March from Barts Hospital to the London Hospital in Whitechapel to defend the NHS which is now under the most vicious attack
March from Barts Hospital to the London Hospital in Whitechapel to defend the NHS which is now under the most vicious attack

NHS Confederation chief executive Mike Farrar yesterday launched an attack on NHS hospitals, saying that at least 25 per cent of hospital patients should not be in hospital at all.

The NHS bosses’ leader said that at least one in four patients would be better off being cared for in the community.

Setting out the ‘top issues for 2012’, in his New Year’s message, Farrar said the NHS must convince people to let go of the ‘outdated hospital-or-bust model of care’ and shift resources into community-based services, early intervention and self care.

Farrar claimed that NHS leaders believe that at least 25 per cent of patients in hospital beds could be looked after at home.

He added that political and NHS leaders need to be ‘honest about the issues, bold about the solutions and decisive in taking action’.

A British Medical Association (BMA) spokesperson warned: ‘It is essential that enough resources are in place to treat patients at home when this is appropriate.

‘If patients do not need to be in hospital, there needs to be sufficient care available to treat them effectively at home.’

Farrar said that the NHS is already trying to make £20 billion worth of ‘efficiencies’ by 2015 in order to cope with a flat budget and rising demand.

He added: ‘Care would be better for frail patients who would have fewer crises, shorter hospital stays when they need them, and more time in the comfort and safety of their homes. . . .

‘There would be major potential to deliver better value for money and keep the NHS on a sustainable footing. We all know that quality of care will fall victim to a financial crisis.’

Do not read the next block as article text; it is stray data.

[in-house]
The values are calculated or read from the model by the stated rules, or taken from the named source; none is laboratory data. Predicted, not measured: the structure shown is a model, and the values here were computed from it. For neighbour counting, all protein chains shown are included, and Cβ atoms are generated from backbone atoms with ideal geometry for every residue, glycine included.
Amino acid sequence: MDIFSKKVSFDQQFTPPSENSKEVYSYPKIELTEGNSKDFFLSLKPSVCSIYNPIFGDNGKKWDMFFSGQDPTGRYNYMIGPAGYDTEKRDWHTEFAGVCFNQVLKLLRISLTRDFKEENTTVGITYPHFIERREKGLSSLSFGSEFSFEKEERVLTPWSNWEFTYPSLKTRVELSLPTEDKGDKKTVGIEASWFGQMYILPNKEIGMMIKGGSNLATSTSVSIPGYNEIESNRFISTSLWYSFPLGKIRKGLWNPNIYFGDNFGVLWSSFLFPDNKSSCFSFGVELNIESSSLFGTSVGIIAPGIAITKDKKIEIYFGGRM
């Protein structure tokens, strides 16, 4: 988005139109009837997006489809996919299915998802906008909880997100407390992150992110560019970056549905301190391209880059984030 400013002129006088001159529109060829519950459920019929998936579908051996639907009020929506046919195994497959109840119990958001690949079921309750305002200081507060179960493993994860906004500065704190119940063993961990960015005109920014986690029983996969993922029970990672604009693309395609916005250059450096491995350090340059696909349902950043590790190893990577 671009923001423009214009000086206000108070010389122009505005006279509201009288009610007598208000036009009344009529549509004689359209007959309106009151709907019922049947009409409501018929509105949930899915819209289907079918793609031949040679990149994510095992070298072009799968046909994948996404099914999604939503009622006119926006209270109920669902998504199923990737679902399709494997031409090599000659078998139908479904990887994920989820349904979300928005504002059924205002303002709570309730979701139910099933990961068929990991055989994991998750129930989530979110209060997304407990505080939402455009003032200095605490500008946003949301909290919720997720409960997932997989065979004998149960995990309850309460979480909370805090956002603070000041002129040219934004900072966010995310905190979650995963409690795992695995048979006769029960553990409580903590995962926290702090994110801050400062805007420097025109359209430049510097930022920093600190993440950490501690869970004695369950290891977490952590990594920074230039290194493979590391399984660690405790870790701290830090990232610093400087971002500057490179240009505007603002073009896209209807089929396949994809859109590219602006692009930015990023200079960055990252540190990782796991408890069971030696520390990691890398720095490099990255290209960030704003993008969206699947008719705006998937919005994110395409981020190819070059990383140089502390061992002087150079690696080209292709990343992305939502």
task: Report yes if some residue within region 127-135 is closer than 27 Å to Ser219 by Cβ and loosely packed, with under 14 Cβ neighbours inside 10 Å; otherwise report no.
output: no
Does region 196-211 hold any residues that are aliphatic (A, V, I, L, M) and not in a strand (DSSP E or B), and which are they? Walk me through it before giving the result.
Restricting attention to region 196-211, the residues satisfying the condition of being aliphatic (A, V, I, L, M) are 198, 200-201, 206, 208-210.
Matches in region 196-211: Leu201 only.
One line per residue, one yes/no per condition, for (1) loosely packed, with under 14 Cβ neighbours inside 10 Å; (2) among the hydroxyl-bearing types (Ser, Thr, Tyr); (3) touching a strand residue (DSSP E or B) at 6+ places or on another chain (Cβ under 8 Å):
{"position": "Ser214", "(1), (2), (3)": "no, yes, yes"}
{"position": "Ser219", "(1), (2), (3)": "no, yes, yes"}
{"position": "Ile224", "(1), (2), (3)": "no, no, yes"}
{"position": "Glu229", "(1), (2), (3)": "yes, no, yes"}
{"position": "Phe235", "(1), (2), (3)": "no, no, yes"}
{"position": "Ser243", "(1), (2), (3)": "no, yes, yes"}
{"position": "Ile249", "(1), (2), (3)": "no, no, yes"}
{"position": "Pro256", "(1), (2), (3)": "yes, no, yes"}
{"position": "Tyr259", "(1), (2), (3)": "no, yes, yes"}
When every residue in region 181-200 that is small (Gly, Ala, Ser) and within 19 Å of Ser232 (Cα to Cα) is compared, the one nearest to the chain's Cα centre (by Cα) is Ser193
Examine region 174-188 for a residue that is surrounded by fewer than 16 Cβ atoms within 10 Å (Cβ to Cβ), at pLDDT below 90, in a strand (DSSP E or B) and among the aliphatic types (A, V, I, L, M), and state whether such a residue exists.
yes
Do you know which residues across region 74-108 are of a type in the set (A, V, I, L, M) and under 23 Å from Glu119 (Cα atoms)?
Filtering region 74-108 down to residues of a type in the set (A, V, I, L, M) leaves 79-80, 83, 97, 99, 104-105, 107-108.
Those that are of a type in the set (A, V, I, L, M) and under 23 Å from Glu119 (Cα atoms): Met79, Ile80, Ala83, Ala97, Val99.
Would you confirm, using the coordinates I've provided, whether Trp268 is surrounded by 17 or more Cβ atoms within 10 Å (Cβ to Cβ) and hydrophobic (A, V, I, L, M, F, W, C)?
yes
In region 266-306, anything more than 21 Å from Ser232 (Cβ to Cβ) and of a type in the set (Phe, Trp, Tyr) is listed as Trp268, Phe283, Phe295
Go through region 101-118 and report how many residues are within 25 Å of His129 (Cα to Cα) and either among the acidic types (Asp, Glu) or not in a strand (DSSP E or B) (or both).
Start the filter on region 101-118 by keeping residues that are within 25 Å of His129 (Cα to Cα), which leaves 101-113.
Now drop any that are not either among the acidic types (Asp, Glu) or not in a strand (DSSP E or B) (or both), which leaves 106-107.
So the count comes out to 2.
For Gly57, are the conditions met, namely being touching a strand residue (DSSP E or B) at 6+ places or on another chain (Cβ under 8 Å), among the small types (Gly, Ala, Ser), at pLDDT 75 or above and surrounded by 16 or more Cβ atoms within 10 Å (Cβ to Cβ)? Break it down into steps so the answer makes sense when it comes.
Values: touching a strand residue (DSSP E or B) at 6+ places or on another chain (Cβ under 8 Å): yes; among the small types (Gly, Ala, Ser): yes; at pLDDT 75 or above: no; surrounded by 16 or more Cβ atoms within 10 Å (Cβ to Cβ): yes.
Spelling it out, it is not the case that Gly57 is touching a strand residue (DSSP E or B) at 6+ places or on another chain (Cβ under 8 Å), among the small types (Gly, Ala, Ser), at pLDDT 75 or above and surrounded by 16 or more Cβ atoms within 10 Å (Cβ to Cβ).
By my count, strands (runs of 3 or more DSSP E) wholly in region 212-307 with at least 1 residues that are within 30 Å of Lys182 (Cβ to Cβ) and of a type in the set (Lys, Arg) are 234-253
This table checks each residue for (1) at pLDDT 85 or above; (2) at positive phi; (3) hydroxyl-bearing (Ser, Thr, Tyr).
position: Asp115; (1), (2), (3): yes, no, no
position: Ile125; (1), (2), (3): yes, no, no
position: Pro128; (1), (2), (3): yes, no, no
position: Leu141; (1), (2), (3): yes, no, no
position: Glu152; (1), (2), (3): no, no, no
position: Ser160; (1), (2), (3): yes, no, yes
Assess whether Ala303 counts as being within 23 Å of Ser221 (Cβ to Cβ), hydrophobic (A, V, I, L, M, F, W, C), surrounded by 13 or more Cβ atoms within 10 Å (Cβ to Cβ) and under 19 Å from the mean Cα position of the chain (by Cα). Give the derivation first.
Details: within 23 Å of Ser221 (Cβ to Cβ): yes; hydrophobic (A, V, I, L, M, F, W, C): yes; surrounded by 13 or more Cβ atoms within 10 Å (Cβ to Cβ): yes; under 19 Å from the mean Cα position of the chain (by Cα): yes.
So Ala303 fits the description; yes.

Speaking in a personal capacity, BMA Council member Anna Athow said: ‘This is nonsense.

‘The £20bn “efficiencies” are cuts, according to the McKinsey plan 2009.

‘Every penny being cut from frontline patient care is going straight back to private companies and the new restructuring system.

‘There is no need for these cuts at all.

‘Of course when patients get older they need more hospital care. Successive governments have closed many of our cottage and community hospitals.

‘Those who call for mass acute NHS hospital closures are the very people who are calling for NHS privatisation.

‘Both the cuts and the Health and Social Care Bill have to be defeated.

‘The unions need to organise joint industrial action urgently to maintain and restore our publicly provided NHS.’

A Unison spokeswoman told News Line: ‘At a time when the NHS is being starved of funds, there is not just the resources out there in the community to provide the kind of care he is talking about.

‘We’ve elderly people facing their home care visits privatised and cut to ten-minute slots. We don’t want to see that kind of care on the cheap in the NHS.

‘Whatever happens, we will always need hospitals providing emergency and specialist treatment you can’t get in the community.

‘The direction the government is taking the NHS is privatisation. It’s taking the NHS completely the wrong way.

‘There is a danger people would have no care in the community.’